Bills' Tyrod Taylor on removal for concussion check: 'It's protocol, so you have to deal with it'

ByMike Rodak ESPN logo
Friday, September 16, 2016

ORCHARD PARK, N.Y. -- On-field officials pulled Buffalo Bills quarterback Tyrod Taylor from Thursday's 37-31 loss to the New York Jets after Taylor showed possible signs of a concussion following a third-quarter sack split by linebacker Darron Lee and defensive lineman Muhammad Wilkerson.

Taylor was evaluated by medical staff on the sideline before being cleared to re-enter the game three plays later.

Coach Rex Ryan said after the game that referee Ed Hochuli made the decision to remove Taylor from the contest. The quarterback appeared frustrated with the decision, throwing up his arms as medical staff walked him to the sideline.

"[They said it was] just protocol. They thought I got hit. They said they thought I was a little woozy on the ground," Taylor said after the game. "You never want to come out in the middle of a series. Especially in a close game, a good game. But it's protocol, so you have to deal with it."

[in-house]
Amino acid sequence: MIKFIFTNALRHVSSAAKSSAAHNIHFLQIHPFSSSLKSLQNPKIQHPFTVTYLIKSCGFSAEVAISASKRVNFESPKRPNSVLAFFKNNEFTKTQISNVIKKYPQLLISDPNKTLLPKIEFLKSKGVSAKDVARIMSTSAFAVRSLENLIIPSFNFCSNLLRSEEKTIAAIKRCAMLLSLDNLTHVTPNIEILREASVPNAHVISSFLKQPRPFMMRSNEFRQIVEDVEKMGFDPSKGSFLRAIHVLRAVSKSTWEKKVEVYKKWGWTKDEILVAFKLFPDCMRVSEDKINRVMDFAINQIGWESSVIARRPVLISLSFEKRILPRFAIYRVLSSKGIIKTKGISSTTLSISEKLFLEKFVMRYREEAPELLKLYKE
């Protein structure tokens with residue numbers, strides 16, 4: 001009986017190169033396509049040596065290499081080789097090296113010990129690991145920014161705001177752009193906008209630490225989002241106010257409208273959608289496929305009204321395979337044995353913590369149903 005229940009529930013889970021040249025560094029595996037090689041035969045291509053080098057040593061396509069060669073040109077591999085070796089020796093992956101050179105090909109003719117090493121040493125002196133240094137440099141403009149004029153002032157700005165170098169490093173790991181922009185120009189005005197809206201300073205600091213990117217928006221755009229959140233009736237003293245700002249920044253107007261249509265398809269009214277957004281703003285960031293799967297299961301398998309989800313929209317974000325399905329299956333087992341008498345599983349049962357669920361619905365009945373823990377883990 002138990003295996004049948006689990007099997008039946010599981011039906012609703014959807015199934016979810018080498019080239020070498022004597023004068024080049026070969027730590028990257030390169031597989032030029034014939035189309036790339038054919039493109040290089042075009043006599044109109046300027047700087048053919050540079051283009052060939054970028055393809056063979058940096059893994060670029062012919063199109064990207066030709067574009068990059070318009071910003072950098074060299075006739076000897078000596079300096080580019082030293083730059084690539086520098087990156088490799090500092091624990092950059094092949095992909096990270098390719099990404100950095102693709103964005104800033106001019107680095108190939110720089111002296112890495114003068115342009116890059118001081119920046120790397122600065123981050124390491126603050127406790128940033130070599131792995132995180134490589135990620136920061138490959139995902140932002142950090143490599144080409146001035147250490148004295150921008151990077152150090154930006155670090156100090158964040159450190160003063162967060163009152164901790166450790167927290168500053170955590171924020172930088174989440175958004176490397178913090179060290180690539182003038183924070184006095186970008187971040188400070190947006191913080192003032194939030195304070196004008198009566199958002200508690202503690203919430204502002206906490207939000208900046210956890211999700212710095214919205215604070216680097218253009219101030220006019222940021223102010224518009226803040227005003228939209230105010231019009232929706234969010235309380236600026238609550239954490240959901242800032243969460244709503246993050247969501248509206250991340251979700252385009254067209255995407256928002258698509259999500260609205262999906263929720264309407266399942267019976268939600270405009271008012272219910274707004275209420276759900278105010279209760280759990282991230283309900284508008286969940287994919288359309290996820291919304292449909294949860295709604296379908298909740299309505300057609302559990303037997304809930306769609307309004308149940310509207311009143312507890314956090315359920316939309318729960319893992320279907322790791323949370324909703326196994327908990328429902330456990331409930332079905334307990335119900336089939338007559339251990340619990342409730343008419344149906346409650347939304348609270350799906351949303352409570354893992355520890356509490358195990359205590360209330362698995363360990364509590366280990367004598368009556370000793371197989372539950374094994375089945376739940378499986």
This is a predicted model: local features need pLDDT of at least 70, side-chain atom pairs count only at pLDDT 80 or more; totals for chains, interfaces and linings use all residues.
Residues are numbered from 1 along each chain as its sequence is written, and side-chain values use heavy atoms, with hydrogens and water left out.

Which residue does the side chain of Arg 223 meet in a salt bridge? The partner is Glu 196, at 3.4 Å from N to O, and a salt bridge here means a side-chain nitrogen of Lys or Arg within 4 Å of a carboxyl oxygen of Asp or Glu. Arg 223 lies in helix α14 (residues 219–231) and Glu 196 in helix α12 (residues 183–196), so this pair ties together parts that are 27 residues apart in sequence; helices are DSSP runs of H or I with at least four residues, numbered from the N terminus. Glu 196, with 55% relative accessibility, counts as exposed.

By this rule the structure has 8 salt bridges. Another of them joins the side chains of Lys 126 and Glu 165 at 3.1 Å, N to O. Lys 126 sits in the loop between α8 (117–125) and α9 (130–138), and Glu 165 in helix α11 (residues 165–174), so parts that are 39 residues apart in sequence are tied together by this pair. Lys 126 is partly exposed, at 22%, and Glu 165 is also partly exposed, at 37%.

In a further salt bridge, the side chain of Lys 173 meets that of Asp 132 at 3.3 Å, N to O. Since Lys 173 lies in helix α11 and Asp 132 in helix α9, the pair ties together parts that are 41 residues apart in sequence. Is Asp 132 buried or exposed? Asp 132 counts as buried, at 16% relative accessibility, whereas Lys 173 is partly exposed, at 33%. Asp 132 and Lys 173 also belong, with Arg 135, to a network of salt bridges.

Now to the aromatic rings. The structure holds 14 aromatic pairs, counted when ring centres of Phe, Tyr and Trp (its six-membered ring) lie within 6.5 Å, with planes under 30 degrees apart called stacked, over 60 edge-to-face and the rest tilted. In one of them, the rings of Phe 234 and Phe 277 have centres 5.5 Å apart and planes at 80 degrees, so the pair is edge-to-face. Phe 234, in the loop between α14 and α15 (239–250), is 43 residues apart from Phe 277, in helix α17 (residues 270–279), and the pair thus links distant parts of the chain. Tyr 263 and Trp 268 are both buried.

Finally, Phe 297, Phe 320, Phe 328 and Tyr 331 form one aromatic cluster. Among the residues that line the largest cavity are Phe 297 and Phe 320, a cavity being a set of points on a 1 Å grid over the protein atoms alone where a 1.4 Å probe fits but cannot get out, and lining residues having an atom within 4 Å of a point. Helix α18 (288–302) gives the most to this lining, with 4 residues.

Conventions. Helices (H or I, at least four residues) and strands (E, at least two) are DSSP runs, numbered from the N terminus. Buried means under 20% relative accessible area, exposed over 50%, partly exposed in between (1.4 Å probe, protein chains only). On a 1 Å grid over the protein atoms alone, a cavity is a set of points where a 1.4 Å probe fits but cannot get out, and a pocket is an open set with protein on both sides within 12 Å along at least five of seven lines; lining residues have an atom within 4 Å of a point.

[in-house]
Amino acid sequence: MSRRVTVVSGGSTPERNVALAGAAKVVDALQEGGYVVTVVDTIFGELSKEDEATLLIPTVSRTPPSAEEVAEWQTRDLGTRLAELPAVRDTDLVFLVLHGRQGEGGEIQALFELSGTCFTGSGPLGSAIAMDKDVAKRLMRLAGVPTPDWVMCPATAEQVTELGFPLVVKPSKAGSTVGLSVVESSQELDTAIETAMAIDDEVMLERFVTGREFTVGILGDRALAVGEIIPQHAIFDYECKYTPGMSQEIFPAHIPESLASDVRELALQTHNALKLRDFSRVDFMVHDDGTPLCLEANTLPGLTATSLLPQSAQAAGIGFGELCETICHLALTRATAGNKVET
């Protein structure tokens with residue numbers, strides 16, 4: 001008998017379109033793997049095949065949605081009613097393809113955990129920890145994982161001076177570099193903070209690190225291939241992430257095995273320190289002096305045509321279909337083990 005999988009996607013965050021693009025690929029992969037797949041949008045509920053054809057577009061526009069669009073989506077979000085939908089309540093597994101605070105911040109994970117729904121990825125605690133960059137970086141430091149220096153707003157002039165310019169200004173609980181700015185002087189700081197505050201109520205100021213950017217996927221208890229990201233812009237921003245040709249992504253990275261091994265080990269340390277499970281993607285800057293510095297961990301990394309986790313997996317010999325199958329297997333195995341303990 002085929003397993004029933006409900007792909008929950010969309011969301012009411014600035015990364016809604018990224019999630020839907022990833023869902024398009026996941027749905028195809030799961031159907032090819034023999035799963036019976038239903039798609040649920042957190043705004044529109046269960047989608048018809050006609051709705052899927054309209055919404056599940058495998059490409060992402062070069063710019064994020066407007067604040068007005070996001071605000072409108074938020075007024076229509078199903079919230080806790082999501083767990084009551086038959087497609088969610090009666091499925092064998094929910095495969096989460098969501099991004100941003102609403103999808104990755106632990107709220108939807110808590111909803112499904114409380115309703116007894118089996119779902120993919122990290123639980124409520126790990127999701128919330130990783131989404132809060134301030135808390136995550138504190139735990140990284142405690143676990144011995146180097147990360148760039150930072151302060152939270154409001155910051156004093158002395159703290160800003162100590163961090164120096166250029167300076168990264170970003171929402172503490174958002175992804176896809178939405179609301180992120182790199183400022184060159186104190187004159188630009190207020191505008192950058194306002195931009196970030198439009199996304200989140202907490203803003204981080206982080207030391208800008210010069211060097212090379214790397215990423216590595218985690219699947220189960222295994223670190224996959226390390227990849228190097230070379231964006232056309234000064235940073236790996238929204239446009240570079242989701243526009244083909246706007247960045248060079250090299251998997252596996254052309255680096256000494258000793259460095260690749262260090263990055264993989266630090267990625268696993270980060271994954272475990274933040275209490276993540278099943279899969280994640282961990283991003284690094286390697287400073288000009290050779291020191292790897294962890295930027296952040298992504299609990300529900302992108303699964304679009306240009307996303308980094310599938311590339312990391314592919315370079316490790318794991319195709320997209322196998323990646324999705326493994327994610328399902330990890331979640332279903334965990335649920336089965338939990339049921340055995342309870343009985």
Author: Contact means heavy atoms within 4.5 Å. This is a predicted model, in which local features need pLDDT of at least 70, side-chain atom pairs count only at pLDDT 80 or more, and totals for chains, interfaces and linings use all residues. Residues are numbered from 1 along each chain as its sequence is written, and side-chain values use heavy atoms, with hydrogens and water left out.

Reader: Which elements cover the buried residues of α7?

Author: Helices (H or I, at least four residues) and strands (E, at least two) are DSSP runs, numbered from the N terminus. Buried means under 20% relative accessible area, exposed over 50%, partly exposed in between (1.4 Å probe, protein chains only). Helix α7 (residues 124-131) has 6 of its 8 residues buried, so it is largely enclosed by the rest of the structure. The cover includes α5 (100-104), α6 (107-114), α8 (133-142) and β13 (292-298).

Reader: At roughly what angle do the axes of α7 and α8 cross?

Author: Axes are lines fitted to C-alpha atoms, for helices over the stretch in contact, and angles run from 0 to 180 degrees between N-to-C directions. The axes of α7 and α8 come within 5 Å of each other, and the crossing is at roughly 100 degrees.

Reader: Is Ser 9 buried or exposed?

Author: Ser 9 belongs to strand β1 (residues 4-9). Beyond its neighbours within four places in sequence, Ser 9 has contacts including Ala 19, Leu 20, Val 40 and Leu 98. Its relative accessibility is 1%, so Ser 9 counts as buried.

With the Bills trailing 27-24, Taylor drove Buffalo to its own 44-yard line before being removed from the game. When he re-entered the game, on the first play of the second quarter, he was intercepted by Jets cornerback Marcus Williams on an underthrown pass to Sammy Watkins.

"I certainly get that," Ryan said of Hochuli's decision to remove Taylor to be evaluated. "This league should be about protecting the players, and Hochuli explained that to me, and I certainly understand."

The NFL's concussion protocol, which allows game officials or spotters to remove players exhibiting various signs of a concussion, came under scrutiny in the NFL's opening-night game between the Carolina Panthers and Denver Broncos when Cam Newton was allowed to remain in a final-minute drive after taking a hit to his helmet from safety Darian Stewart.

Panthers coach Ron Rivera said Friday that he thinks Hochuli's decision with Taylor was a "direct result" of the fallout involving Newton from last week's game.

"I really do believe that is a direct result. I really do," Rivera said. "And that's a little bit of cause an effect, and good for Ed.

"We're so reactionary. We really are. Let's be honest about it. Something happens, [and] the media reacts to it. Then we get public sentiment reacts to it, then the league overreacts."

ESPN Panthers reporter David Newton contributed to this report.

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